Of the reporting cities, Seattle recorded the highest number of airside economizer hours, followed by Minneapolis, Denver, Detroit, and Chicago. Seattle is a good example of a city where airside economizers make a lot of sense but waterside systems may not. Approximately 62% of the year in Seattle was below 55 degrees dry bulb on average. But only 25% of the year was below 40 degrees wet bulb (only about 7% for operation during typical business hours).
Minneapolis recorded the highest number of waterside economizer hours at 4,443, 11% higher than in 2001. Detroit also saw a jump of 16% compared to 2001 — or an additional 561 hours of waterside economizer cooling. These differences are significant when evaluating utility costs. For example, for a constant 750-ton waterside economizer load in Detroit, the cooling costs were $42,000 lower in 2002 (at 1.0 kW/ton and $0.10/kWh) compared to 2001, simply because of the difference in available waterside hours.
For much of the country, the 2002 total winter heat recovery savings did not deviate all that much from 2001 (+5% for the most part). However both years were well below normal in cities like Washington, Philadelphia, and New York. In Washington, the 2002 heating heat recovery savings were 19% lower than normal or $1.11/cfm compared to a normal of $1.37/cfm (at 80% efficiency and $0.75/therm).
However, the reported heating total (sensible + latent) heat recovery data includes humidification cost savings, which obviously would only apply if a humidifier is used. If not, the only actual heating cost savings would be sensible. But does that mean you should only consider an enthalpy wheel for applications with humidifiers? Probably not, because enthalpy wheels are usually more efficient than sensible systems and they do recover some moisture from the space, resulting in better comfort and reduced static electricity.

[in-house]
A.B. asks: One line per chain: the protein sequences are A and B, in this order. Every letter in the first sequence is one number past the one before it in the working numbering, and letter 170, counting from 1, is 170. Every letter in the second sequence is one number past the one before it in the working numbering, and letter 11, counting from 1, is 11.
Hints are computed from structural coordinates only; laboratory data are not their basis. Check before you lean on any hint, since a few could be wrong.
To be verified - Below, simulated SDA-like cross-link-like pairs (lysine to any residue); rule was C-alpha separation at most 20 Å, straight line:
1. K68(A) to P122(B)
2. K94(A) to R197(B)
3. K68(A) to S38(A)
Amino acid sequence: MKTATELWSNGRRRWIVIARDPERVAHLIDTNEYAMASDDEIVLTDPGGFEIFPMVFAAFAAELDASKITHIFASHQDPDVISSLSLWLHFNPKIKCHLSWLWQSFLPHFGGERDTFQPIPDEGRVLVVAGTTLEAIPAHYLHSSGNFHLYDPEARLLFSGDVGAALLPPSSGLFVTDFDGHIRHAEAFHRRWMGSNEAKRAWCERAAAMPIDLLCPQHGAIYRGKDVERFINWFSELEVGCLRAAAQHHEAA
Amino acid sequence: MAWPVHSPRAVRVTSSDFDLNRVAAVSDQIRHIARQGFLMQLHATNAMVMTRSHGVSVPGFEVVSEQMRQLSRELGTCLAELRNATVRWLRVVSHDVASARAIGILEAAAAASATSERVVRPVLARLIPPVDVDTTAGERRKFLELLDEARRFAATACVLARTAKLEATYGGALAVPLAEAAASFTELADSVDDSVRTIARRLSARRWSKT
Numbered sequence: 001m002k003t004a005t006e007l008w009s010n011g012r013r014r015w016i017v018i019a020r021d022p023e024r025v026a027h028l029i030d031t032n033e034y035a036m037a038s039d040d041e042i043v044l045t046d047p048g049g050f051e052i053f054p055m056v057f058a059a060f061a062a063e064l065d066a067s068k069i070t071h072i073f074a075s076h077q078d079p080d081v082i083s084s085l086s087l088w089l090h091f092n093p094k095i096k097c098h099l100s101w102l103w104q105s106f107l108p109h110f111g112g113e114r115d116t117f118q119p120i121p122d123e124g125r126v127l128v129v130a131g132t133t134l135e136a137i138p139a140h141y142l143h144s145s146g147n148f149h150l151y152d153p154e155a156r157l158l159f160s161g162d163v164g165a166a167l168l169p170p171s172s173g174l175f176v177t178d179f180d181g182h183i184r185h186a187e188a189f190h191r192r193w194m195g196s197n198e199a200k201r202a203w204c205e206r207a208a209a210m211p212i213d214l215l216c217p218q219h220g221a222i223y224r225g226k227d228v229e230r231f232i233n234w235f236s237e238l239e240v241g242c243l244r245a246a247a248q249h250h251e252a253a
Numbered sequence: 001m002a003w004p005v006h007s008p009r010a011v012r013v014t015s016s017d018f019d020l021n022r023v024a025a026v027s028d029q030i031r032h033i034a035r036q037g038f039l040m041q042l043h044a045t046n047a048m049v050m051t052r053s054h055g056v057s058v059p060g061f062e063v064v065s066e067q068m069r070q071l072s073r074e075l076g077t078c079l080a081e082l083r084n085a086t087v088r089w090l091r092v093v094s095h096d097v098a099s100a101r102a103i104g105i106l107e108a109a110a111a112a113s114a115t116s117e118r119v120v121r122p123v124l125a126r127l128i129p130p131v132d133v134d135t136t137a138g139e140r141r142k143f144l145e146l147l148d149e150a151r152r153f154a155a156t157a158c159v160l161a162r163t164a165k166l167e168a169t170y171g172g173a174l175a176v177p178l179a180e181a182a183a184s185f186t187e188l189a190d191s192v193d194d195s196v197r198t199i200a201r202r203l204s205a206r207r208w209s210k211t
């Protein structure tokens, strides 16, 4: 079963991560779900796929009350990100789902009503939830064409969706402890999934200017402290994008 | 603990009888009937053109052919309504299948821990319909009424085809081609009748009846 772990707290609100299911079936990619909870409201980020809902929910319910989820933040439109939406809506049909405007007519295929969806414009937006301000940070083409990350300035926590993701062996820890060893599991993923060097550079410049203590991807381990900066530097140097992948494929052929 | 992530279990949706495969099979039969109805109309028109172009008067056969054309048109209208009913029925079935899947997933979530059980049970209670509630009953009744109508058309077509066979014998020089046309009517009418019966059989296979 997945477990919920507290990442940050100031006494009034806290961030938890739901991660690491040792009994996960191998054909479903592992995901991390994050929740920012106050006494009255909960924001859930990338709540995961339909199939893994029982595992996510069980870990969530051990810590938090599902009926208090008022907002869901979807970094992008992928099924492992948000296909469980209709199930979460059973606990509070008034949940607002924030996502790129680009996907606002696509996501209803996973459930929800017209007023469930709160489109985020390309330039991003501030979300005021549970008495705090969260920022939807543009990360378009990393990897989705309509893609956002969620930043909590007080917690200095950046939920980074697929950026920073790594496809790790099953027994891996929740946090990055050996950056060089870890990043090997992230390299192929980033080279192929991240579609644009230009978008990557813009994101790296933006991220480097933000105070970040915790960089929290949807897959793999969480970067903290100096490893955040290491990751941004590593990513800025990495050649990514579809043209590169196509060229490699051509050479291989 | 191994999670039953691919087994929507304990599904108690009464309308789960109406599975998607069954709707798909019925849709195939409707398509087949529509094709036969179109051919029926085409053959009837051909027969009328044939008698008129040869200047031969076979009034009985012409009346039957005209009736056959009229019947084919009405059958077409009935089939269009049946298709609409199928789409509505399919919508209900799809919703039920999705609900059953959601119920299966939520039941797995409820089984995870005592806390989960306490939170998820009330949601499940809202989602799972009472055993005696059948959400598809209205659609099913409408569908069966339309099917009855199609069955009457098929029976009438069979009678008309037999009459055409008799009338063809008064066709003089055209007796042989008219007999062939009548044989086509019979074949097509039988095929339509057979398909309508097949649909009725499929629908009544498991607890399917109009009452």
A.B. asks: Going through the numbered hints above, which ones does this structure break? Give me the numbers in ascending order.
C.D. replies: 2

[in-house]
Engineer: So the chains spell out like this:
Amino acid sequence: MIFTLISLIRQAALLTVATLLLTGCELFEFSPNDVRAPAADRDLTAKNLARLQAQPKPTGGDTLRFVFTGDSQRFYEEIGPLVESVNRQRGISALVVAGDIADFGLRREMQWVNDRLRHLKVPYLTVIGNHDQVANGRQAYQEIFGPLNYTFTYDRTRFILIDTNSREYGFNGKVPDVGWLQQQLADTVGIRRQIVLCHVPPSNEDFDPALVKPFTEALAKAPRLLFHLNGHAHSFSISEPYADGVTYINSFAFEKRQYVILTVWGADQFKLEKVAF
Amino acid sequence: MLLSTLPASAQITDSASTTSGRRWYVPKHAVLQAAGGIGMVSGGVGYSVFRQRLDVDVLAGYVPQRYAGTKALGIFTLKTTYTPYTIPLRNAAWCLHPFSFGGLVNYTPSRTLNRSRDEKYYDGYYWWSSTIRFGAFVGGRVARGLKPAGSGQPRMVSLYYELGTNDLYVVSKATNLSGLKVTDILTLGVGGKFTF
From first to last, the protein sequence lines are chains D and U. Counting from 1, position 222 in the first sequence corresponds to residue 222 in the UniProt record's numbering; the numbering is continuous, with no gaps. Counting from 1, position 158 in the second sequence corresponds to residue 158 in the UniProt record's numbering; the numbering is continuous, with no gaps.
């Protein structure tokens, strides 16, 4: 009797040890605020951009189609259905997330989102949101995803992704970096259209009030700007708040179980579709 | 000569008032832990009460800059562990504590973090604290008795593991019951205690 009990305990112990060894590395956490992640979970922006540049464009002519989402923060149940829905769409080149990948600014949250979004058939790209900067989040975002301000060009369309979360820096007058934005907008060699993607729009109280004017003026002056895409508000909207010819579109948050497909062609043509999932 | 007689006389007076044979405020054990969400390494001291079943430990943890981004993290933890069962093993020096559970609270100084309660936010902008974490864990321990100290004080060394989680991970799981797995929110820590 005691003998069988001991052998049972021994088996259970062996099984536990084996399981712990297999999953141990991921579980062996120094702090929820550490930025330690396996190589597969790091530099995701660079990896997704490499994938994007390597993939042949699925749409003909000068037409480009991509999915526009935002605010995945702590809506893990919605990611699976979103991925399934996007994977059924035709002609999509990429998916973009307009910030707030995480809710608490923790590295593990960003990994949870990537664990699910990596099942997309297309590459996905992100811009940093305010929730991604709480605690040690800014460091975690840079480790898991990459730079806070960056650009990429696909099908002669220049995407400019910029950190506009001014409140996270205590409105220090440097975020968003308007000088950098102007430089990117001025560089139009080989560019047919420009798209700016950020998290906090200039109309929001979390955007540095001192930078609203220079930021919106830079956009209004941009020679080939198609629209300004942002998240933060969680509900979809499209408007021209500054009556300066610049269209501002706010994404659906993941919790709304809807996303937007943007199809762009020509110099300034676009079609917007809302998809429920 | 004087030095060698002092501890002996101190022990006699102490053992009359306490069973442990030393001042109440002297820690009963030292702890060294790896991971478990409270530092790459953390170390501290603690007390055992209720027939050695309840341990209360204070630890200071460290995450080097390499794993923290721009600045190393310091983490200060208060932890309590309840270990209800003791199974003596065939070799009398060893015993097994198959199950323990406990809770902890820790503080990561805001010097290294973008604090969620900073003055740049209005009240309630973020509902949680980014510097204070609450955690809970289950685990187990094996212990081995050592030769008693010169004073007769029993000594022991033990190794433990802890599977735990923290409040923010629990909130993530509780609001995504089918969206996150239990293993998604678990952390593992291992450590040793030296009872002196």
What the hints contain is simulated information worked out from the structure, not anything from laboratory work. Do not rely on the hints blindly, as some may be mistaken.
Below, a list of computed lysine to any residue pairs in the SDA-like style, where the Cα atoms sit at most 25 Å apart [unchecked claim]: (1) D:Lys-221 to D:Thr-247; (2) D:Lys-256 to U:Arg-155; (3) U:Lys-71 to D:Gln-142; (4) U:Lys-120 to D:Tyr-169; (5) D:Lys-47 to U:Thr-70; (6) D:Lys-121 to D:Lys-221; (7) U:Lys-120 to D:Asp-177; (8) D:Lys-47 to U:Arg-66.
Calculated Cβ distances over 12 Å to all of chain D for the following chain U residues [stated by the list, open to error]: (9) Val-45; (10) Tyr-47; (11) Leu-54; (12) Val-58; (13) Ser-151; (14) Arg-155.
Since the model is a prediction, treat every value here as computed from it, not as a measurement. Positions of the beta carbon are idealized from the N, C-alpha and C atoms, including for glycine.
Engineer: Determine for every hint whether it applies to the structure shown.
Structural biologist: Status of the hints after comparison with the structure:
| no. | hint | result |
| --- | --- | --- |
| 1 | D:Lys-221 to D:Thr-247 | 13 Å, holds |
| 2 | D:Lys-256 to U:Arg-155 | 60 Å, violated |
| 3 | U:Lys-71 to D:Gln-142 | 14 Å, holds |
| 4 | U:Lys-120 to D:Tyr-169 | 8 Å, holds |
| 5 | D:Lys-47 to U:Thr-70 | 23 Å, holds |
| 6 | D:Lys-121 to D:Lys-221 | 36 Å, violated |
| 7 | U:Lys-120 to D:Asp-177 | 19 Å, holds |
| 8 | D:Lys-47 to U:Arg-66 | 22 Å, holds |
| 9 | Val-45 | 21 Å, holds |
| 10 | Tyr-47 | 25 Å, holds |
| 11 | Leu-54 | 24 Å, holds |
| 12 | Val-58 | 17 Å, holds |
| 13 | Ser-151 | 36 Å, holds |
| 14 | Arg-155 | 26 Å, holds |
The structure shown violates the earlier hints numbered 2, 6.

Cooling heat recovery is more volatile due to wide swings in humidity levels from year to year. In 2002, the total cooling heat recovery savings in Miami was up by 18% compared to 2001, and up 31% compared to normal, resulting in a cooling cost savings of $1.67/cfm compared to a normal of $1.28/cfm (at 1.0 kW/ton and $0.10/kWh).
Evaluating heat recovery data can be a little tricky though. Lower heat recovery savings doesn’t necessarily translate to higher utility costs because lower heat recovery simply means milder weather. Heat recovery data is also useful for simple payback analysis confirmation.
Most projects today are designed with economizer cooling or heat recovery systems or both. These systems can have a significant impact on utility costs and their performance can vary greatly from year to year due to the weather. So, it’s always a good idea to take the weather into consideration when determining the feasibility of installing a new system or analyzing utility costs associated with an existing system. ES
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